Brent to test private cash initiative

Government attempts to get businesses to reduce the national Pounds 6 billion backlog of school repairs faces a critical test in London next week.

Headteachers and governors in the London borough of Brent will consider radical plans to solve a Pounds 28 million buildings crisis.

Options put together by financial consultants Deloitte Touche on handing schools over to the private sector to repair and manage will be put to a meeting in the Labour-controlled borough on Tuesday.

The heads and governors will be given 10 days to decide whether they want to proceed with the proposal, which is open to both local authority and grant-maintained schools.

Brent believes it has no alternative but to seek help from the private sector.

Last Christmas it was forced to send 2,500 children home from school because of failed heating systems and flooded buildings.

The authority this year received Pounds 461,000 from the Pounds 115 million allocated by the Government for school repairs, but chief education officer John Simpson says the gap "between that and what we need to spend is noticeably large.

"This is the only way I can see that all children in Brent can be educated in accommodation which is modern, well-heated, lit and designed - a learning environment for the millennium."

But some heads and governors, who enjoy one of the highest levels of budget delegation in the country, are loathe to give up their independence.

The Brent branch of the National Association of Head Teachers has told the authority that any decisions taken next week could not be binding and that governing bodies should have until the end of term to discuss the proposal.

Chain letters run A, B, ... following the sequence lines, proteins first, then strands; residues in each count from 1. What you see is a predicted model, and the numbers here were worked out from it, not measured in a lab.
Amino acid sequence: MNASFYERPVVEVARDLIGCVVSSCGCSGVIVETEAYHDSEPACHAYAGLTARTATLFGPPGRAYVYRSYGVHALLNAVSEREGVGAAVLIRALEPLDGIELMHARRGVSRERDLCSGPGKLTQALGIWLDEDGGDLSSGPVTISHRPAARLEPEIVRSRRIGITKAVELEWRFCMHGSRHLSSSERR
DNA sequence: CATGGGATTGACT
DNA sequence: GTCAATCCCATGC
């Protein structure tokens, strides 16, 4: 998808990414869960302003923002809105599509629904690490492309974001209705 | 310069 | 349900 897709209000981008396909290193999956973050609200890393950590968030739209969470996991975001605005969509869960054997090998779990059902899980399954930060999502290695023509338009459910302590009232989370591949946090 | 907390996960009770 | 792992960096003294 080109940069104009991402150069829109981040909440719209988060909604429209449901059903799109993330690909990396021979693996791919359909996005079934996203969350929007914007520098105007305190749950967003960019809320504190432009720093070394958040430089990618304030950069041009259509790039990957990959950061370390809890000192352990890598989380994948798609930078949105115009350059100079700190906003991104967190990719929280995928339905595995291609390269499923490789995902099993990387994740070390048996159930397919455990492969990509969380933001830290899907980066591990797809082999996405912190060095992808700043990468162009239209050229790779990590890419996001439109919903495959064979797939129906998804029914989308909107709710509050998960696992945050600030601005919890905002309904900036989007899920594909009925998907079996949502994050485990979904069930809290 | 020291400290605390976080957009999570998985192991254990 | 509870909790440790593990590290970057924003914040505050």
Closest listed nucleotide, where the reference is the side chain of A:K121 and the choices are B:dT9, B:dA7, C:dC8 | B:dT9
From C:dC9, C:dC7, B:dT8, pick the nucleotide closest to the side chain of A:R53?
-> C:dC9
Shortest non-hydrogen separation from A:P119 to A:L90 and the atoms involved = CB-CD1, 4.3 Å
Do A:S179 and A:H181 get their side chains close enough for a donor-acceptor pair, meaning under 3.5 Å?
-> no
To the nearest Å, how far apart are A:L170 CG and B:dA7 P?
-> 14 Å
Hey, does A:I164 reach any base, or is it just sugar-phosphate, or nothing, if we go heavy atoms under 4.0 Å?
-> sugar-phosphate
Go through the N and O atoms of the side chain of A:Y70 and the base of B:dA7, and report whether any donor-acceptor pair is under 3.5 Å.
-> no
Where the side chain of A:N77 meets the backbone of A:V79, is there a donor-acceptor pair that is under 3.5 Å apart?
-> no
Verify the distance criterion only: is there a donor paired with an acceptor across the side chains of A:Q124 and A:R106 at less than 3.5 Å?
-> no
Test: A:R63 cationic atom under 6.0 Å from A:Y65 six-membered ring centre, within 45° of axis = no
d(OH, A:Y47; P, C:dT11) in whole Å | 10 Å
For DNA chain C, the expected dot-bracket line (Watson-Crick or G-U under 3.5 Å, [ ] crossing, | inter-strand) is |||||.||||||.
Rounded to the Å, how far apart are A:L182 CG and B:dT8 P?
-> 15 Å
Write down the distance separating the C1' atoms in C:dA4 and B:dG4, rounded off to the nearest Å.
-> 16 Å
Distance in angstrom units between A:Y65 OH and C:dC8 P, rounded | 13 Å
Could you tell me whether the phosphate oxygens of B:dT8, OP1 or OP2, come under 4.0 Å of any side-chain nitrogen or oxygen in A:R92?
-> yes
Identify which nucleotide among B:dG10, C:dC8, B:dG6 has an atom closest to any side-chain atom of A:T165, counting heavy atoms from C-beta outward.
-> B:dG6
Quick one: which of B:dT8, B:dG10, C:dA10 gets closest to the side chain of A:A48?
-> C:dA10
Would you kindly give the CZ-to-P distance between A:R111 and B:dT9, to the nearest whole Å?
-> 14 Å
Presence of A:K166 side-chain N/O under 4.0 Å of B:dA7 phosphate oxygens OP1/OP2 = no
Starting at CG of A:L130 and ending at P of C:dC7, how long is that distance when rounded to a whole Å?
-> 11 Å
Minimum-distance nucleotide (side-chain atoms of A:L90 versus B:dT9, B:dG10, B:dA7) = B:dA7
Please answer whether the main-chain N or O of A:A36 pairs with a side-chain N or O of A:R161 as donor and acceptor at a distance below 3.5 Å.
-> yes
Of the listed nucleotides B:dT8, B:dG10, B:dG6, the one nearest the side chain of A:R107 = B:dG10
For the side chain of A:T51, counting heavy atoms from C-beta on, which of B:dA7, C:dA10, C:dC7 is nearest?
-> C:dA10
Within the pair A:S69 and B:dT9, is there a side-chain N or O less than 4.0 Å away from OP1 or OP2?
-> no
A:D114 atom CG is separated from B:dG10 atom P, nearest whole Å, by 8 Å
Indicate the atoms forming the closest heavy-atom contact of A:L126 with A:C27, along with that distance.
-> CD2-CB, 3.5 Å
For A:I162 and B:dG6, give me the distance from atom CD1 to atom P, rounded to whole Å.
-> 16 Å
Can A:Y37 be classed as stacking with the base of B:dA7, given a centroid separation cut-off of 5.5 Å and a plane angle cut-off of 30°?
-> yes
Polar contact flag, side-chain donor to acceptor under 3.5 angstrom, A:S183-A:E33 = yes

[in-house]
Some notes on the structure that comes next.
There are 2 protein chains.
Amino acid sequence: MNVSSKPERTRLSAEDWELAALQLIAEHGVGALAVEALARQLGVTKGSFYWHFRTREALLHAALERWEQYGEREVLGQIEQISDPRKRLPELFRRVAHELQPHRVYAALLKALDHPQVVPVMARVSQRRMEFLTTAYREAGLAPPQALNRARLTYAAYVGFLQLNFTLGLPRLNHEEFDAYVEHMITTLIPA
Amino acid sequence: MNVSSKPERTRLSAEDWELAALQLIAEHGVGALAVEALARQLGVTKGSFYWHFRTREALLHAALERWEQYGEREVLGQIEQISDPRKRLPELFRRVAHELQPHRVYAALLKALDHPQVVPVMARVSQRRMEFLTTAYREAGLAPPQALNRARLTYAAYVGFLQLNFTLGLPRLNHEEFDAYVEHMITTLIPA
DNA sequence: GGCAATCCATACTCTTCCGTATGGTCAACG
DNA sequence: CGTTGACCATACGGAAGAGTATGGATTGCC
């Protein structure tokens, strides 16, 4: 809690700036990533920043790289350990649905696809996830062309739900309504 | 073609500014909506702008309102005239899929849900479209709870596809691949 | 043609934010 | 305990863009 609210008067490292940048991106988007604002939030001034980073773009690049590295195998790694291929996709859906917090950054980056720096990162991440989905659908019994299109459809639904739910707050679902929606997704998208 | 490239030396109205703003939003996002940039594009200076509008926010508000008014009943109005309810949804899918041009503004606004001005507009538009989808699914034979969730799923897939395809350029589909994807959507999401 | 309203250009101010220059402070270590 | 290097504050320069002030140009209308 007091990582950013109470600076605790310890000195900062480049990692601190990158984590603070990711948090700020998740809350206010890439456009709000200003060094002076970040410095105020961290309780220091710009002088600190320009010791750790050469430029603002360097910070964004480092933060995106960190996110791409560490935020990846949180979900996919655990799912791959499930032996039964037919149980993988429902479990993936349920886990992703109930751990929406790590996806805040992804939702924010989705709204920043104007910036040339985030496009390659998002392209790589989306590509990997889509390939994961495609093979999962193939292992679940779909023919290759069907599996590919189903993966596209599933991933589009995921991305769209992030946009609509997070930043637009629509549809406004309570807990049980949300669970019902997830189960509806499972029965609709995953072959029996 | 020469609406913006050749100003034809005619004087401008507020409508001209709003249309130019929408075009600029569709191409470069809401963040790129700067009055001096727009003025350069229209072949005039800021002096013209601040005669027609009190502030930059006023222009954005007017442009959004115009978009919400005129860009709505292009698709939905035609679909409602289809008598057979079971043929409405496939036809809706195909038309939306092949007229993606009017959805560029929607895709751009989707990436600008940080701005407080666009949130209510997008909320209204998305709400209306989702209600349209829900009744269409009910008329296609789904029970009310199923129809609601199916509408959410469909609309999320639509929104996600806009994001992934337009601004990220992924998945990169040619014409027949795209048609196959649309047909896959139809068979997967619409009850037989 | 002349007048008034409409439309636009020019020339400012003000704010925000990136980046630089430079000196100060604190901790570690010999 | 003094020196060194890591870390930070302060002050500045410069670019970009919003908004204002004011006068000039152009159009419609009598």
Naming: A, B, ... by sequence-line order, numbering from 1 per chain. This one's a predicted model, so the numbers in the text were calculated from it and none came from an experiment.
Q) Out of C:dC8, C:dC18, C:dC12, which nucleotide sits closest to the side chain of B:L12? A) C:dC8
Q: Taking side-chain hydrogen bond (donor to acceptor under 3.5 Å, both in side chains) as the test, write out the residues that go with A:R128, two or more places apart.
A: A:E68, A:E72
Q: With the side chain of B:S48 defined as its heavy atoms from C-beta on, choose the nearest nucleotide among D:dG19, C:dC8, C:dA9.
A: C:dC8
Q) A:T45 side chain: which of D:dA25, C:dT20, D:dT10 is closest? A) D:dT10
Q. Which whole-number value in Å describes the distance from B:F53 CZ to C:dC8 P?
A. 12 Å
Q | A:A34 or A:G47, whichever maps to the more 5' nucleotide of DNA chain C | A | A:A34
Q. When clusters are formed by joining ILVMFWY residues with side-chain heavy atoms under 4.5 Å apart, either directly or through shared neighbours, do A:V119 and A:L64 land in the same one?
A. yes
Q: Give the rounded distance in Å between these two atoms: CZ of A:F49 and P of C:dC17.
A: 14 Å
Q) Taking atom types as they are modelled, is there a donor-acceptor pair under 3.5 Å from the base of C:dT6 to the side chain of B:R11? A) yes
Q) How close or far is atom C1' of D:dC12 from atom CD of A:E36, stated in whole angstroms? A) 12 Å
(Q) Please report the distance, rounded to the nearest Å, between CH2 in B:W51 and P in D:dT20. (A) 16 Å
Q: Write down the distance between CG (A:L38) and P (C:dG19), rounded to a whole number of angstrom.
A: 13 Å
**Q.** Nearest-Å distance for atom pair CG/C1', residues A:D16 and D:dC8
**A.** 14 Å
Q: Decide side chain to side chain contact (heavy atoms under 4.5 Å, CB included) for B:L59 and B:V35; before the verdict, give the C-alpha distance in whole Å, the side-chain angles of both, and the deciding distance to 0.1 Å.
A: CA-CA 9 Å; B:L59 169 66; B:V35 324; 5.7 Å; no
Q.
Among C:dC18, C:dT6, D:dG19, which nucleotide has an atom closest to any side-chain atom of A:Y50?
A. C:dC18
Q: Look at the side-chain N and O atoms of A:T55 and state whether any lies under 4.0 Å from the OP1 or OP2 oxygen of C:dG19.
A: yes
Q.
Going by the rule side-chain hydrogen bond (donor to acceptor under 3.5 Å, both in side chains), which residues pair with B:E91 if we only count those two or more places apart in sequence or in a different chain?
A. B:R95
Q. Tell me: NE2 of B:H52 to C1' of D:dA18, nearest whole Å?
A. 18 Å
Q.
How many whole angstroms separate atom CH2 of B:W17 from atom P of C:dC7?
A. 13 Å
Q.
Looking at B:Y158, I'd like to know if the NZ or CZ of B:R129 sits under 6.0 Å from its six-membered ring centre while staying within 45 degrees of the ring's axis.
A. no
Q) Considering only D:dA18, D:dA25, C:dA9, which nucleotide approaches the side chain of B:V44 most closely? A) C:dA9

"Our members are caught between knowing something has to be done to resolve the building crisis and wanting to remain involved in the decision-making about their school," says NAHT general secretary David Hart Under the scheme, schools would be expected to enter into a 25-year agreement and to pay an annual fee to a contractor via the local education authority. The cash would be deducted from their budgets.

In return, the company would repair crumbling buildings within the next three to five years, possibly build nurseries and end the need for temporary classrooms.

The contractor would also take over the management of the buildings - cleaning, caretaking, energy maintenance and letting - although ownership would remain with the local authority.

The public-private partnership is open to the 62 local authority primary, secondary and special schools in Brent, and the 16 who have opted out of council control.

Some schools have already said they are not interested.

"In the main they have well-maintained buildings and very good lettings income," says Mr Simpson.

"I want to stop the disruption in schools because of building problems. I want them to be able to concentrate on teaching and learning."

Martin Stratford, director of Brent's schools libraries and youth service development unit, says his service is enthusiastic "because we can't see any other way of doing this work. At the end of the day we haven't really got an alternative - it is better than the buildings becoming a danger to the children."

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